Talking trade, investment and advanced manufacturing with Deputy Commerce Secretary Andrews.

At a business summit on the fairgrounds, President Obama and Chancellor Merkel were joined by U.S. and German CEOs and officials, including Secretary Pritzker, to discuss the future of transatlantic economic relations. Unsurprisingly, this was a recurring theme throughout the trip—and for good reason!

***

Tuesday morning, I was grateful for the chance to talk with Siemens employees and customers at their exhibit. Siemens has been a fantastic partner in preparing for Hannover Messe, and it was great to see many of their innovative solutions on display.

As I said in my remarks, “When you look around this impressive venue, there’s no doubt the world is changing—and changing for the better. Manufacturers are leading the way and driving this change every day. But there’s something that doesn’t change. Manufacturers are still improving our world, offering hope and opportunity through the people we employ, the lives we touch and the products we make.”

 

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Speaking to Siemens employees and stakeholders at their exhibit about the future of manufacturing.

Before departing, I led a roundtable discussion with Secretary Pritzker on how we win the battle on trade. We were joined by NAM member companies—Liberty Pumps, UL, UPS and Texas Instruments—as well as leading European advocacy groups and the German officials. Expanding opportunities to sell our products overseas means winning the battle for jobs in the United States!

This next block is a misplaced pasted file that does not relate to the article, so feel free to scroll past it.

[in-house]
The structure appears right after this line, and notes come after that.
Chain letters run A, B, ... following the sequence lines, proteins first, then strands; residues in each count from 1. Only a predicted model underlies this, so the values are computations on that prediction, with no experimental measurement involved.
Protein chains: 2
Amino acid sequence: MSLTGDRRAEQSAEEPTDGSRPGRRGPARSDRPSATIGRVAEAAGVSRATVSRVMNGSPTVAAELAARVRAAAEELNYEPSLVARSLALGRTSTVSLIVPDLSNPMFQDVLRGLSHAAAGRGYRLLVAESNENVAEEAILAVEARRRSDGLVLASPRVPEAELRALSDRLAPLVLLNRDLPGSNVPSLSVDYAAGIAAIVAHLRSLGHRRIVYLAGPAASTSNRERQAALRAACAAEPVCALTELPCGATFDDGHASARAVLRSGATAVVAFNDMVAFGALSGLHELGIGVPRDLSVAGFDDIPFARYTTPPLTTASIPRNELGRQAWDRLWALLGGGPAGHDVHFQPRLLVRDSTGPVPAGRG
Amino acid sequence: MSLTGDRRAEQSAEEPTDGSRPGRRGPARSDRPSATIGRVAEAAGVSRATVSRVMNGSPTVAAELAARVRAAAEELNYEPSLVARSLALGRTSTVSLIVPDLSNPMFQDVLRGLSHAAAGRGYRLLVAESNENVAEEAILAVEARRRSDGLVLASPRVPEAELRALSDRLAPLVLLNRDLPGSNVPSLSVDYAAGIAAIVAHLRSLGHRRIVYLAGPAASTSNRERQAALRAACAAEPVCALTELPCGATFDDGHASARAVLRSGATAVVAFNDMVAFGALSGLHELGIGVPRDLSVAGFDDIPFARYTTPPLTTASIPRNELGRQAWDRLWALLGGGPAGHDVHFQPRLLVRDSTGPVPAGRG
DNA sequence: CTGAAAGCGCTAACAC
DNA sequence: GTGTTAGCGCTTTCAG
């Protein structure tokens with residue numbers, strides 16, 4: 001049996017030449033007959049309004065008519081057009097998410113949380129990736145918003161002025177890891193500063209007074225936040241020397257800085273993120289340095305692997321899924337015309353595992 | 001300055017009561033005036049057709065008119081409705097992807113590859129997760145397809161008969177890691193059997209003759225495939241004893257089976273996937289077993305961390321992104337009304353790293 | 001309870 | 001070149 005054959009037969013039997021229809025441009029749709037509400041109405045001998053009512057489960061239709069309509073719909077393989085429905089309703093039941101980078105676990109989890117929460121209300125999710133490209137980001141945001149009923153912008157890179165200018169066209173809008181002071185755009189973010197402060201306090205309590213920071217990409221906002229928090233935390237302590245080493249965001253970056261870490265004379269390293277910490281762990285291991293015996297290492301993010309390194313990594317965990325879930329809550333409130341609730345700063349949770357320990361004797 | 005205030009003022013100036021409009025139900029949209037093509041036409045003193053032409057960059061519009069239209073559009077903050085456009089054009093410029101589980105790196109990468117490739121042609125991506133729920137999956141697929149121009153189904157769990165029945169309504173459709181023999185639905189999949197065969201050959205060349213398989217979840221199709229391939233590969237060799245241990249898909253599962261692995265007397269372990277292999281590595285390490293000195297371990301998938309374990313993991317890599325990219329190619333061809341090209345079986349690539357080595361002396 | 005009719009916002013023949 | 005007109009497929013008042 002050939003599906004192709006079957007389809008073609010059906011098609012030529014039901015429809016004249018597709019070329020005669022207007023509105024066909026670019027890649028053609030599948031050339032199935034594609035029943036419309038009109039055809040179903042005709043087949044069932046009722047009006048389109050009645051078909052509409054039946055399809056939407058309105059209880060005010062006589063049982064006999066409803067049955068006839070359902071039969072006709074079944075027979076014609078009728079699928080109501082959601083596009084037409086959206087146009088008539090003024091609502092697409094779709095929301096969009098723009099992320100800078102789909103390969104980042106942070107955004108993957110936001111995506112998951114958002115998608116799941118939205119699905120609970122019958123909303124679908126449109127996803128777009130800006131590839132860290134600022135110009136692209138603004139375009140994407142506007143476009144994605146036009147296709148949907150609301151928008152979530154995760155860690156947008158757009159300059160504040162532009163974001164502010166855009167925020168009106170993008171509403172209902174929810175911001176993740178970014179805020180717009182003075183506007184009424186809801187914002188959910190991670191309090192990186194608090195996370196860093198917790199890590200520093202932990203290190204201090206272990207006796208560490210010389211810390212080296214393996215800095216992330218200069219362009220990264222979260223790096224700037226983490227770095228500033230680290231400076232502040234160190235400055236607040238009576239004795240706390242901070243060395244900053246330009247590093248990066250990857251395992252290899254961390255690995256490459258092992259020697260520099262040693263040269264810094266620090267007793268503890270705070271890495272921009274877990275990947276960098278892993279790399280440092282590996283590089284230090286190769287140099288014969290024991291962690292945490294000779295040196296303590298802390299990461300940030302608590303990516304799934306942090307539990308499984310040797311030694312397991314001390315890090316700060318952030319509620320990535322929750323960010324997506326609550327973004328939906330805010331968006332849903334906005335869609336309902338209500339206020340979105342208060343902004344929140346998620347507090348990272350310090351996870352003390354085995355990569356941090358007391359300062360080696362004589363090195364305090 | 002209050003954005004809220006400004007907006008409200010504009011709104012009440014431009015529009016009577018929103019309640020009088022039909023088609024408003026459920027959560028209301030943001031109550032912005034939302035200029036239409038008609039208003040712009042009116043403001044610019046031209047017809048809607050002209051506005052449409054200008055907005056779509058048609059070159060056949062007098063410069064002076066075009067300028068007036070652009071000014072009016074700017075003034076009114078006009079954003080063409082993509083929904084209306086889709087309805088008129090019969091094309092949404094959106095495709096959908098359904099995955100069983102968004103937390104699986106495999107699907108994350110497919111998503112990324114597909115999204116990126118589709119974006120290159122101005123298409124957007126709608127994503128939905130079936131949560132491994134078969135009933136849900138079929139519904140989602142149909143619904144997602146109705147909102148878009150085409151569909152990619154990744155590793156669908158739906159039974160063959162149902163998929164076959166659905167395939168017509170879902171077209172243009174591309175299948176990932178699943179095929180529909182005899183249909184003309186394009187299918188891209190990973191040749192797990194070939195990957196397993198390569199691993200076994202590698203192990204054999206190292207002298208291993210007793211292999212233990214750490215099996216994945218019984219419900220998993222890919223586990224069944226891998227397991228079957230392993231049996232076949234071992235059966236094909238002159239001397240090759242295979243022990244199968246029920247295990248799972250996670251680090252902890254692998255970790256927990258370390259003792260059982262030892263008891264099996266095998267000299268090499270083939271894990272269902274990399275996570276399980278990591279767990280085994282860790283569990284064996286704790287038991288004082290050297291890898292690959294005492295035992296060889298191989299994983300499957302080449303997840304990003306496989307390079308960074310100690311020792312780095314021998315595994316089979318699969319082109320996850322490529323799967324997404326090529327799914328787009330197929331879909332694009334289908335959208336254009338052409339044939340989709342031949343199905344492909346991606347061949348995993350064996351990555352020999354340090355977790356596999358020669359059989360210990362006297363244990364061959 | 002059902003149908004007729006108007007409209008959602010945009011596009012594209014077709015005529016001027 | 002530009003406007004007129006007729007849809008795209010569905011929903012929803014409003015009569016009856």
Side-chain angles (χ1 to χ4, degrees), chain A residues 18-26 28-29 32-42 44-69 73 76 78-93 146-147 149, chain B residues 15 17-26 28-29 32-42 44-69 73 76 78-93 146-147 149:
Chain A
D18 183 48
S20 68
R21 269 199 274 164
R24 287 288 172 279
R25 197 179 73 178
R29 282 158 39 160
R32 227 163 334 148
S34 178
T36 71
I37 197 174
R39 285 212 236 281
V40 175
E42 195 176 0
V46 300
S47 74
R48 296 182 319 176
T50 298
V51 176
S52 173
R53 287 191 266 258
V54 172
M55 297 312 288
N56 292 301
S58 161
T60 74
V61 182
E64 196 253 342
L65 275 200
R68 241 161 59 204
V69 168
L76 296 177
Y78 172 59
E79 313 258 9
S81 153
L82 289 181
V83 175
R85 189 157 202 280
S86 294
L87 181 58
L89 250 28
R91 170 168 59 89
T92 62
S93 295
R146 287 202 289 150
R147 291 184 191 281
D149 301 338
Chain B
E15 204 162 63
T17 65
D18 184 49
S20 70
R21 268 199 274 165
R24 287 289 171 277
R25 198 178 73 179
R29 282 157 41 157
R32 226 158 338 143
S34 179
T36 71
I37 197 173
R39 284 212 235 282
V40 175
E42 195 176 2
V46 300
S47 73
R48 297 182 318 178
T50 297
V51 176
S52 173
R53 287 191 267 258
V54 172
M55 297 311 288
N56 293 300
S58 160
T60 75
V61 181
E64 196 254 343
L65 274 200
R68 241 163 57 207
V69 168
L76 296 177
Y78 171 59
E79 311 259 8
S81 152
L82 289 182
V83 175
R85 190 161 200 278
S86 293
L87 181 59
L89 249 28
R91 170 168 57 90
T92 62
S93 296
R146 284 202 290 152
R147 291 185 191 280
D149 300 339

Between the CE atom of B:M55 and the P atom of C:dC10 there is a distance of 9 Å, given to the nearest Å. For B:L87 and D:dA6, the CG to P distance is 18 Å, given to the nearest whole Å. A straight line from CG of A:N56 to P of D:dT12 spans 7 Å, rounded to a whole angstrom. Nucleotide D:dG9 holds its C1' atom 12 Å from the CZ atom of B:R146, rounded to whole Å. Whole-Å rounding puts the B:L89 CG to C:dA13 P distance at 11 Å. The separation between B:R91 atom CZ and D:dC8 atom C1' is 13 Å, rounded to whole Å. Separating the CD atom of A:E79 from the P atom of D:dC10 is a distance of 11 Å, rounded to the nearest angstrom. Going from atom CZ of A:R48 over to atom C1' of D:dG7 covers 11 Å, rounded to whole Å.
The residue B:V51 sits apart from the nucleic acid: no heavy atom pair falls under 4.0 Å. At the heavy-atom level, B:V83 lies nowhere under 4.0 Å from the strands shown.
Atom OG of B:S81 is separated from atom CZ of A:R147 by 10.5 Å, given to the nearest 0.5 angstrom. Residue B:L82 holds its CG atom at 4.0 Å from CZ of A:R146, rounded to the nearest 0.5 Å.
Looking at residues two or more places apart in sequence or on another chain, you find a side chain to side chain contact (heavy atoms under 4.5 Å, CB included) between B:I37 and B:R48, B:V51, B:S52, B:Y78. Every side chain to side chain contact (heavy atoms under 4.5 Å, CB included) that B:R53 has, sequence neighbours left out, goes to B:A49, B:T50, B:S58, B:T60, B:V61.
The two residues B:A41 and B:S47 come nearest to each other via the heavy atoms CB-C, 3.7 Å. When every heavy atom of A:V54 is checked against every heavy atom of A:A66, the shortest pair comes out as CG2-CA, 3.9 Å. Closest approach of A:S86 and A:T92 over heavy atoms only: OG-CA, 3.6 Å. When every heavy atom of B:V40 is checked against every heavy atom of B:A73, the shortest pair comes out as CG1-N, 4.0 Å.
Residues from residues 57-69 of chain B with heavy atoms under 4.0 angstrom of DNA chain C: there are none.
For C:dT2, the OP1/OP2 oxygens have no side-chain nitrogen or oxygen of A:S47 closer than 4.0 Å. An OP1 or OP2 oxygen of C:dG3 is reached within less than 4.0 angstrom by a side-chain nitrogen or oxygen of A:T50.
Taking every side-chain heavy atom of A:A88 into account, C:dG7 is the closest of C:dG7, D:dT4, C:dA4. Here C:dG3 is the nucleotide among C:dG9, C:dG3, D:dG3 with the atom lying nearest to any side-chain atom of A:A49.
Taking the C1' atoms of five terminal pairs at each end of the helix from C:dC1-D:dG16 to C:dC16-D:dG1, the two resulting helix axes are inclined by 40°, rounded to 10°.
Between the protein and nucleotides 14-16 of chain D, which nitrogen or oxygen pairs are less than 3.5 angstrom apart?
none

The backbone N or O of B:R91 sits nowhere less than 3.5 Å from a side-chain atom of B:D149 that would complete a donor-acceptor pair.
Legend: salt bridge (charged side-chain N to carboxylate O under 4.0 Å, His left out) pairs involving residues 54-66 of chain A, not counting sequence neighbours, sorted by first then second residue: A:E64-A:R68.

U.S. Commerce Secretary Pritzker engages the NAM delegation about how to advance manufacturers' top priorities in the U.S.

U.S. Commerce Secretary Pritzker (center) engages the NAM delegation about how to advance manufacturers’ top priorities in the U.S.

***

As always, I left Hannover energized and proud of our industry. There’s always work to do, and we must continue to take our message to our elected officials so that the right policies are in place for our success. But there should be no doubt: manufacturers continue to lead the world by creating solutions and building the future.

 

 

Allergan Brings Manufacturing Jobs to Texas, Demonstrates Importance of Pro-Investment Business Environment

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Earlier this week, Texas manufacturing received a boost as the global pharmaceutical manufacturer Allergan broke ground on a $200 million facility expansion in Waco.